Synopsis quoted from Orion Publishing Group¹:
I was my dad’s vinyl-wallah: I changed his records while he lounged around drinking tea, and that’s how I know my Argo from my Tempo. And it’s why, when Dr Walid called me to the morgue to listen to a corpse, I recognised the tune it was playing. Something violently supernatural had happened to the victim, strong enough to leave its imprint like a wax cylinder recording. Cyrus Wilkinson, part-time jazz saxophonist and full-time accountant, had apparently dropped dead of a heart attack just after finishing a gig in a Soho jazz club. He wasn’t the first.
No one was going to let me exhume corpses to see if they were playing my tune, so it was back to old-fashioned legwork, starting in Soho, the heart of the scene. I didn’t trust the lovely Simone, Cyrus’ ex-lover, professional jazz kitten and as inviting as a Rubens’ portrait, but I needed her help: there were monsters stalking Soho, creatures feeding off that special gift that separates the great musician from someone who can raise a decent tune. What they take is beauty. What they leave behind is sickness, failure and broken lives.
And as I hunted them, my investigation got tangled up in another story: a brilliant trumpet player, Richard ‘Lord’ Grant – my father – who managed to destroy his own career, twice. That’s the thing about policing: most of the time you’re doing it to maintain public order. Occasionally you’re doing it for justice. And maybe once in a career, you’re doing it for revenge.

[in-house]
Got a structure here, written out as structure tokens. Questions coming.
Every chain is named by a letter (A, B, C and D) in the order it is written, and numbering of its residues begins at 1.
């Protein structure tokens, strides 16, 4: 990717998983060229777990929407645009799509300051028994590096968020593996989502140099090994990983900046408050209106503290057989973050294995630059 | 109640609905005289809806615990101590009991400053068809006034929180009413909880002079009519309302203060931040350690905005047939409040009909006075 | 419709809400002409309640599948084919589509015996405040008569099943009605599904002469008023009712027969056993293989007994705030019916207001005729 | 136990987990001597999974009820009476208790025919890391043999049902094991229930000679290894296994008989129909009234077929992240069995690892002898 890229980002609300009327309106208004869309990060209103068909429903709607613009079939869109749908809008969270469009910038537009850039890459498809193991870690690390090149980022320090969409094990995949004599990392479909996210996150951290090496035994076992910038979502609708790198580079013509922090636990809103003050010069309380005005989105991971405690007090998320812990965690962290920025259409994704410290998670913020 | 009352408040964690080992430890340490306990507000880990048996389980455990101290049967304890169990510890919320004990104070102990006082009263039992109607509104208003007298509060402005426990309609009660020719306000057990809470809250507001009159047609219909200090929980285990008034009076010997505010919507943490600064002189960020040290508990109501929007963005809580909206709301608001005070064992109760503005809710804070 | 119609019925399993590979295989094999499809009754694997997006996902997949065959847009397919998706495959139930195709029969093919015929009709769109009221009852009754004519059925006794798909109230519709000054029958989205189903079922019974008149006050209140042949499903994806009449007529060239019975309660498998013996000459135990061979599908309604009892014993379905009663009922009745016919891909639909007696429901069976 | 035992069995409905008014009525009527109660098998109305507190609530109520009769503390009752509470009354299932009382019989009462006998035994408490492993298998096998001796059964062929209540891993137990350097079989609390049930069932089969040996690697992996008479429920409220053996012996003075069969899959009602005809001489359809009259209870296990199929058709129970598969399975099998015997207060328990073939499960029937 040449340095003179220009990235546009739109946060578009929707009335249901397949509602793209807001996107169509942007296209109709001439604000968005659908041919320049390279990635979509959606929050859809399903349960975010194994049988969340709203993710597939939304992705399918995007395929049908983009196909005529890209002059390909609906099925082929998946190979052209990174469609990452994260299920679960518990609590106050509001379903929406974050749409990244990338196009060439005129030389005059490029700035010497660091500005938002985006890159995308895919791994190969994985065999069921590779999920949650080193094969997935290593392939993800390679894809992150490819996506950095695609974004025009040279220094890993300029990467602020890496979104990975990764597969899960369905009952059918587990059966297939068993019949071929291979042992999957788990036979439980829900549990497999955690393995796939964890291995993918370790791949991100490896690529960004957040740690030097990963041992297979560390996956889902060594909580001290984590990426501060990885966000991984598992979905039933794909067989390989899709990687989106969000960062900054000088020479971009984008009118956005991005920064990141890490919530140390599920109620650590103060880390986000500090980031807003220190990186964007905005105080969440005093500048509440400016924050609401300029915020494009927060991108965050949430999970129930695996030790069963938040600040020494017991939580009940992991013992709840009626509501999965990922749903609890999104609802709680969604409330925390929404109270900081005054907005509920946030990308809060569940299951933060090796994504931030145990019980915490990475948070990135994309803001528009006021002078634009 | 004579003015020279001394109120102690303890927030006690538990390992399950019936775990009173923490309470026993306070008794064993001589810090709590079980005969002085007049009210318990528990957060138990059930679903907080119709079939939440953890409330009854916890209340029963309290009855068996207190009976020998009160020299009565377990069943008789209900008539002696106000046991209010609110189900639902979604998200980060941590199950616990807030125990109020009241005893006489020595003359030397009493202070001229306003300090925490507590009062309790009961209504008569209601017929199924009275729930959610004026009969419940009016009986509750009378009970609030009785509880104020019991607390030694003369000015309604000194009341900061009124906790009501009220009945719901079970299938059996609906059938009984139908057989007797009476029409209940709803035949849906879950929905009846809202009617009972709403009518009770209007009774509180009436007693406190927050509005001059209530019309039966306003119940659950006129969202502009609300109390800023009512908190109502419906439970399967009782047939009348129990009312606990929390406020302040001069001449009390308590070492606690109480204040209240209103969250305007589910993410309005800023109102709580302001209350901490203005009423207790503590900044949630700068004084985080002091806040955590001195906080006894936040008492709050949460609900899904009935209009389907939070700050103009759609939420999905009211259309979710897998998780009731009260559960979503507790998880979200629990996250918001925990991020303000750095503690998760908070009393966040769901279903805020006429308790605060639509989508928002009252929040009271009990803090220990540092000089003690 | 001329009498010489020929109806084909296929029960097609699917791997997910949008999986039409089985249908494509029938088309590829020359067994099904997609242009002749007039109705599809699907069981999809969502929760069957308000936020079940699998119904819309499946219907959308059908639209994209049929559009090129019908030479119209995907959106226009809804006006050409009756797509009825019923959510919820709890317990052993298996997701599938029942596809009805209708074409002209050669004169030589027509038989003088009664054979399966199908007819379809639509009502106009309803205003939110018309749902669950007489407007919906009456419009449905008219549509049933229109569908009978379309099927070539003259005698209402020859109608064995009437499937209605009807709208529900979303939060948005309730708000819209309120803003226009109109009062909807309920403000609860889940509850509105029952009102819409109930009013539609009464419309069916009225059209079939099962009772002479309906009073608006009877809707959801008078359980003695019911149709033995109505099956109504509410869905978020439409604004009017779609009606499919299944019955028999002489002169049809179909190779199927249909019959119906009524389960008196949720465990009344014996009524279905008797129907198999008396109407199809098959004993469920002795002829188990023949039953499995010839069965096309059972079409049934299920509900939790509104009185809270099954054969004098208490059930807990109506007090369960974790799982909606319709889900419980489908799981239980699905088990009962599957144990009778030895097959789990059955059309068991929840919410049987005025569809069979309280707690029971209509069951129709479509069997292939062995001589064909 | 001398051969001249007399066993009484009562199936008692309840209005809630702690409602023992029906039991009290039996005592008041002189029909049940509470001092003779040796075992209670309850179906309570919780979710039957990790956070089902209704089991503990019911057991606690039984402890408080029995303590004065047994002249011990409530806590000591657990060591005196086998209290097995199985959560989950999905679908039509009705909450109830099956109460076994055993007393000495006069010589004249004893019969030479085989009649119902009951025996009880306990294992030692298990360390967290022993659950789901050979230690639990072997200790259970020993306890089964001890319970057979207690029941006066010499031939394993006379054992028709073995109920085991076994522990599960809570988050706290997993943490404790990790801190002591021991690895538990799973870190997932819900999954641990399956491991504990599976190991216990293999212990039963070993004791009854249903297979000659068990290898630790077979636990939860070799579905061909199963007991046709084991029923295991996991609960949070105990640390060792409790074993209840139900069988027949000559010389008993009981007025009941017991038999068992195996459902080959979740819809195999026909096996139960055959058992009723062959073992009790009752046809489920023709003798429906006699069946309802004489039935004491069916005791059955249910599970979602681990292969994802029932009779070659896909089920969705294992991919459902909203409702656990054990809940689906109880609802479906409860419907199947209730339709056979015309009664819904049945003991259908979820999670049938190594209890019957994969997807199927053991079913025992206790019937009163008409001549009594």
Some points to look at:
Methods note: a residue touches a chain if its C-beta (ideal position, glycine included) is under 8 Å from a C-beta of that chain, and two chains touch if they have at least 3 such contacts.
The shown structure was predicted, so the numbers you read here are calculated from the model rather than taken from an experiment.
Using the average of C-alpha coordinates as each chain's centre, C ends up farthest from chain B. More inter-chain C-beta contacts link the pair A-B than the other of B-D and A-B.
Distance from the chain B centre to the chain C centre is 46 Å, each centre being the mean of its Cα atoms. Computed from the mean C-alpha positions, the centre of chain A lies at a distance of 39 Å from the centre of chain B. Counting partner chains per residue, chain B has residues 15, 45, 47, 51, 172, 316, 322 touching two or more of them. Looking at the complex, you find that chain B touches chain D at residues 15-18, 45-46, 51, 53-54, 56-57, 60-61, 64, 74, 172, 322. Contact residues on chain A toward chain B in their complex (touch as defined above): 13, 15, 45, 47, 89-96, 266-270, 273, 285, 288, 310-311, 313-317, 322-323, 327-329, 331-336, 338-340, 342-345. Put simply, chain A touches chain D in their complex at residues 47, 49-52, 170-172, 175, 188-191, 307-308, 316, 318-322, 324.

In Moon Over Soho, we’re back in present-day London and author Ben Aaronovitch still helps us to create vivid images of the book’s setting in our minds. However, the history and architecture that impressed me in Rivers of London now fade into the background.
My favorite character shares this fate. In Moon Over Soho, Inspector Nightingale is a secondary character like many others in the book. Most of the time, he stands on the sidelines and doesn’t even watch what’s going on around the main character Peter Grant, who slowly turns into a testosterone-driven guy, unable to think clearly.
The plot of Moon Over Soho is quite engaging with an unhurried pace. The book picks up right where Rivers of London left off and it doesn’t flood you with information that you already have if you’ve read Rivers. If you aren’t that big a fan of Inspector Nightingale and historical facts, I’m sure this book will please you. For me, these two are important elements that make the series worthwhile. Moon Over Soho is a solid read, but cannot live up to Rivers of London.